Jazz Pharmaceuticals plc (NASDAQ:JAZZ)

Jazz Pharmaceuticals, a Dublin-based company that also trades on the NASDAQ, is also the object of Bass’s hedge fund’s attention. The company saw revenues increasing 15% in the second quarter of 2015 thanks to its Xyrem product, which accounted for 75% of sales. Jazz has lost some steam in the markets lately but it will be a major biotech stock for 2016.

Jazz identifies, develops, and sells pharmaceutical products. The FDA approved Xyrem (Sodium Oxybate), also known as GHB Gamma Hydroxy Butrate or more infamously as the “rape drug.” It is a hypnotic anesthetic, which causes amnesia from the time a patient inhales it to awakening. Paradoxically, Xyrem has been found to be highly effective in treating major sleep disorders, namely hypersomnia (also called cataplexy). Xyrem, when used properly and under medical supervision, is a sleep regulator and prevents drowsiness during the day.

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About a year ago, FiercePharma hinted that Jazz is a hot takeover target in the renewed M&A interest throughout the biotech sector. Jazz Pharmaceuticals is indeed an appetizing morsel. The company has itself become a takeover target, even as it is famous for highly strategic acquisitions. (Source: Who will be first of 2014 to be bought? Some say Jazz, FiercePharma, September 28, 2015.)

Jazz paid just $1.0 billion for the Italian firm Gentium, largely because of its EU-approved orphan drug. Defitelio is a treatment for obstructed veins (VOD) in adults and children undergoing therapy resulting from stem cell transplants. In European Union countries, Defitelio was the first treatment approved for this deadly disease. Gentium started marketing Defitelio at the end of 2013.

Defitelio is just one of the items that draw investors’ interest toward Jazz. Jazz also benefits from its base in Ireland, where it can take advantage of a low tax rate. The company actually moved to Ireland from Palo Alto, California after merging with Azur Pharma in 2011. Michigan-based Perrigo plc bought Ireland-based Elan for $8.6 billion largely to get a foothold in the country to save on tax costs.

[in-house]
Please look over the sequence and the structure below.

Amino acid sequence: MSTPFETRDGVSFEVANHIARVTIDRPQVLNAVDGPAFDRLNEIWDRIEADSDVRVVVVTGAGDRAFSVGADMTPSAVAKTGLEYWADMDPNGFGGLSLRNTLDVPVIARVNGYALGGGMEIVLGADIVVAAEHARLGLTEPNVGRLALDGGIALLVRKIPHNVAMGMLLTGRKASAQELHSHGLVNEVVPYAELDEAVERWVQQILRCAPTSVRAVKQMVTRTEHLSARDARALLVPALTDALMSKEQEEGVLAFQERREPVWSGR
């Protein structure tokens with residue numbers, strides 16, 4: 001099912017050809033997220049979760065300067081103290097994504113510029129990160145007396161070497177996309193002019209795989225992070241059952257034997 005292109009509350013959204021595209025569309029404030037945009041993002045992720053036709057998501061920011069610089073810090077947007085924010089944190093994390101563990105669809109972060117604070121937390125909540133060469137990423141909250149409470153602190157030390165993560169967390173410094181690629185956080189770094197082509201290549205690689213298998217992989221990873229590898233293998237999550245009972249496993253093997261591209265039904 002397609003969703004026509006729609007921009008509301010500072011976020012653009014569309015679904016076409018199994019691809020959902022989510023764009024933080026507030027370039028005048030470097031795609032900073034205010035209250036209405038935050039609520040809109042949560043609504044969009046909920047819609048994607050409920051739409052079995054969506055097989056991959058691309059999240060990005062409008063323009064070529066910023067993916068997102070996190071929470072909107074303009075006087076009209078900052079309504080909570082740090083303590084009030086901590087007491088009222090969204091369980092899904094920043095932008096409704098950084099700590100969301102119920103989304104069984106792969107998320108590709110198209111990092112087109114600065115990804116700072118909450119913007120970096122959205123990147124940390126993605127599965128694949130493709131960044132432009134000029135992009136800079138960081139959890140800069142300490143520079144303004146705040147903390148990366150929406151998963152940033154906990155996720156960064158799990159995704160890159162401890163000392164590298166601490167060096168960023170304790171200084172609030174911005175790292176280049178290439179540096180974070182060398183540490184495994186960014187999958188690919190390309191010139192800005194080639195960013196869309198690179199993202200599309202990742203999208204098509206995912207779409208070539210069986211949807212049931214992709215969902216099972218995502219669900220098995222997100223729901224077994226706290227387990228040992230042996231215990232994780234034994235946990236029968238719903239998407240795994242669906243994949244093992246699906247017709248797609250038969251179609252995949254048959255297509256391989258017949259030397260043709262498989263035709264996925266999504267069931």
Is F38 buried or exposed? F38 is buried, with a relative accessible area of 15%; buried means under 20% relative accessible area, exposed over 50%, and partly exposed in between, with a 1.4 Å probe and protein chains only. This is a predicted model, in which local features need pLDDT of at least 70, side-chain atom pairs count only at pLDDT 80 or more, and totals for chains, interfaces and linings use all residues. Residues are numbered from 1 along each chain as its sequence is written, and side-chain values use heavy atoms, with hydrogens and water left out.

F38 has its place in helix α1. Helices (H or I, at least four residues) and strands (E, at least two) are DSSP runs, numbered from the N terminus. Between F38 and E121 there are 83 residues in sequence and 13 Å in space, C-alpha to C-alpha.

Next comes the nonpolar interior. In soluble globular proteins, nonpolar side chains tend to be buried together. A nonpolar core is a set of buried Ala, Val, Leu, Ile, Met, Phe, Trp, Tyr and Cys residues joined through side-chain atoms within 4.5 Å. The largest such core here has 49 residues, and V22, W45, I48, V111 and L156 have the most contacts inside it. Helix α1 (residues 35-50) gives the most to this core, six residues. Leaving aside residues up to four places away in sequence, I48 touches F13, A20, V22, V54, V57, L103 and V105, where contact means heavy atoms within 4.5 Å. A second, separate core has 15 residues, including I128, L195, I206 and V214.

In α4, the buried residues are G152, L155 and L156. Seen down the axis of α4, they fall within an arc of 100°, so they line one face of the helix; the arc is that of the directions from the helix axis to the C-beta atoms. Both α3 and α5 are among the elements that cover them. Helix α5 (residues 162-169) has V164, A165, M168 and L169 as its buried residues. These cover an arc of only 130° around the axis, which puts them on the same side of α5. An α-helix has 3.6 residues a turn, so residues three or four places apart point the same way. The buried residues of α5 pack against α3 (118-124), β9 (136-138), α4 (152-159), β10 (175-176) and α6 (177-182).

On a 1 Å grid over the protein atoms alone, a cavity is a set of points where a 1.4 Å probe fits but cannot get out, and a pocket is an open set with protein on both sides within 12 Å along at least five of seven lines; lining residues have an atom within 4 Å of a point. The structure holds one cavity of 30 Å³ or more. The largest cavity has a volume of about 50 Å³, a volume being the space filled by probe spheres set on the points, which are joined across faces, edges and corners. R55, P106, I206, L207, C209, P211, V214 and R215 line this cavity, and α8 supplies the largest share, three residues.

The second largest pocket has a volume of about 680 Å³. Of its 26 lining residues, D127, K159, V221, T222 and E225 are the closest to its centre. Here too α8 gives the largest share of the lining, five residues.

Takeovers of smaller biotech firms developing unique formulations have helped even the major biotech companies gain significant market share. French major Sanofi SA (ADR) (NASDAQ:SNY) bought U.S. biotech Genzyme for $20.0 billion. The French giant was after Cerezyme, a therapy developed in the 1990s that treats Gaucher disease. In 2015, the treatment can cost up to $300,000 dollars a year.

Biotech Stocks to Watch in 2016: Rare and Orphan Diseases

Global sales of treatments for rare and orphan diseases such as Gaucher are expected to reach $176 billion by 2020, according to research firm EvaluatePharma. Therefore, it does not come as a surprise that there are maneuverings in the sector among big pharma companies seeking to offset the decline in revenues sealed by the loss of patents with more specialized drugs. (Source: World Preview 2014, Outlook to 2020, Evaluate Pharma, June 2014.)

Similarly, the Swiss giant Roche bought Genentech, which recently received approval from the FDA for a breakthrough therapy for hemophilia, an illness worth some $11.0 billion to drug makers. (Source: Roche hemophilia drug wins fast-track FDA designation, Reuters, September 4, 2015.)

Roche said that what its Genentech unit calls ACE910 obtained the fast-track designation ahead of separate Phase III trials targeting hemophilia ‘A’ patients in 2015 and 2016. Roche intends to challenge the market dominance held by Novo Nordisk and Baxalta in this area.

Shire plc (ADR) (NASDAQ:SHPG)

Pfizer Inc (NYSE:PFE) and GlaxoSmithKline plc (ADR)(NYSE:GSK) have strengthened their specialized divisions. Nevertheless, the latest major operation to date is Britain’s Shire $30.0 billion takeover bid for the U.S.-based Shire plc (ADR) (NASDAQ:SHPG) for Baxalta Incorporated (NYSE:BXLT). Shire is certainly one of the best biotech stocks for 2016.

Shire wants to take full advantage of the recent focus on rare disease treatments by going after Baxalta, which rejected the offer last August. Shire is not giving up. It’s ready to offer more if necessary and if it secures approval from shareholders.

Baxalta Incorporated (NYSE:BXLT)

Baxalta, based in Illinois, split from Baxter International last July. The company specializes in hematology and immunology, employs some 16,000 people, and generated $6.0 billion in revenues in 2014. Shire has moved its headquarters to Ireland for aforementioned reasons, said that the new group, with 37% held by Baxalta shareholders, would generate some $20.0 billion in revenue by 2020.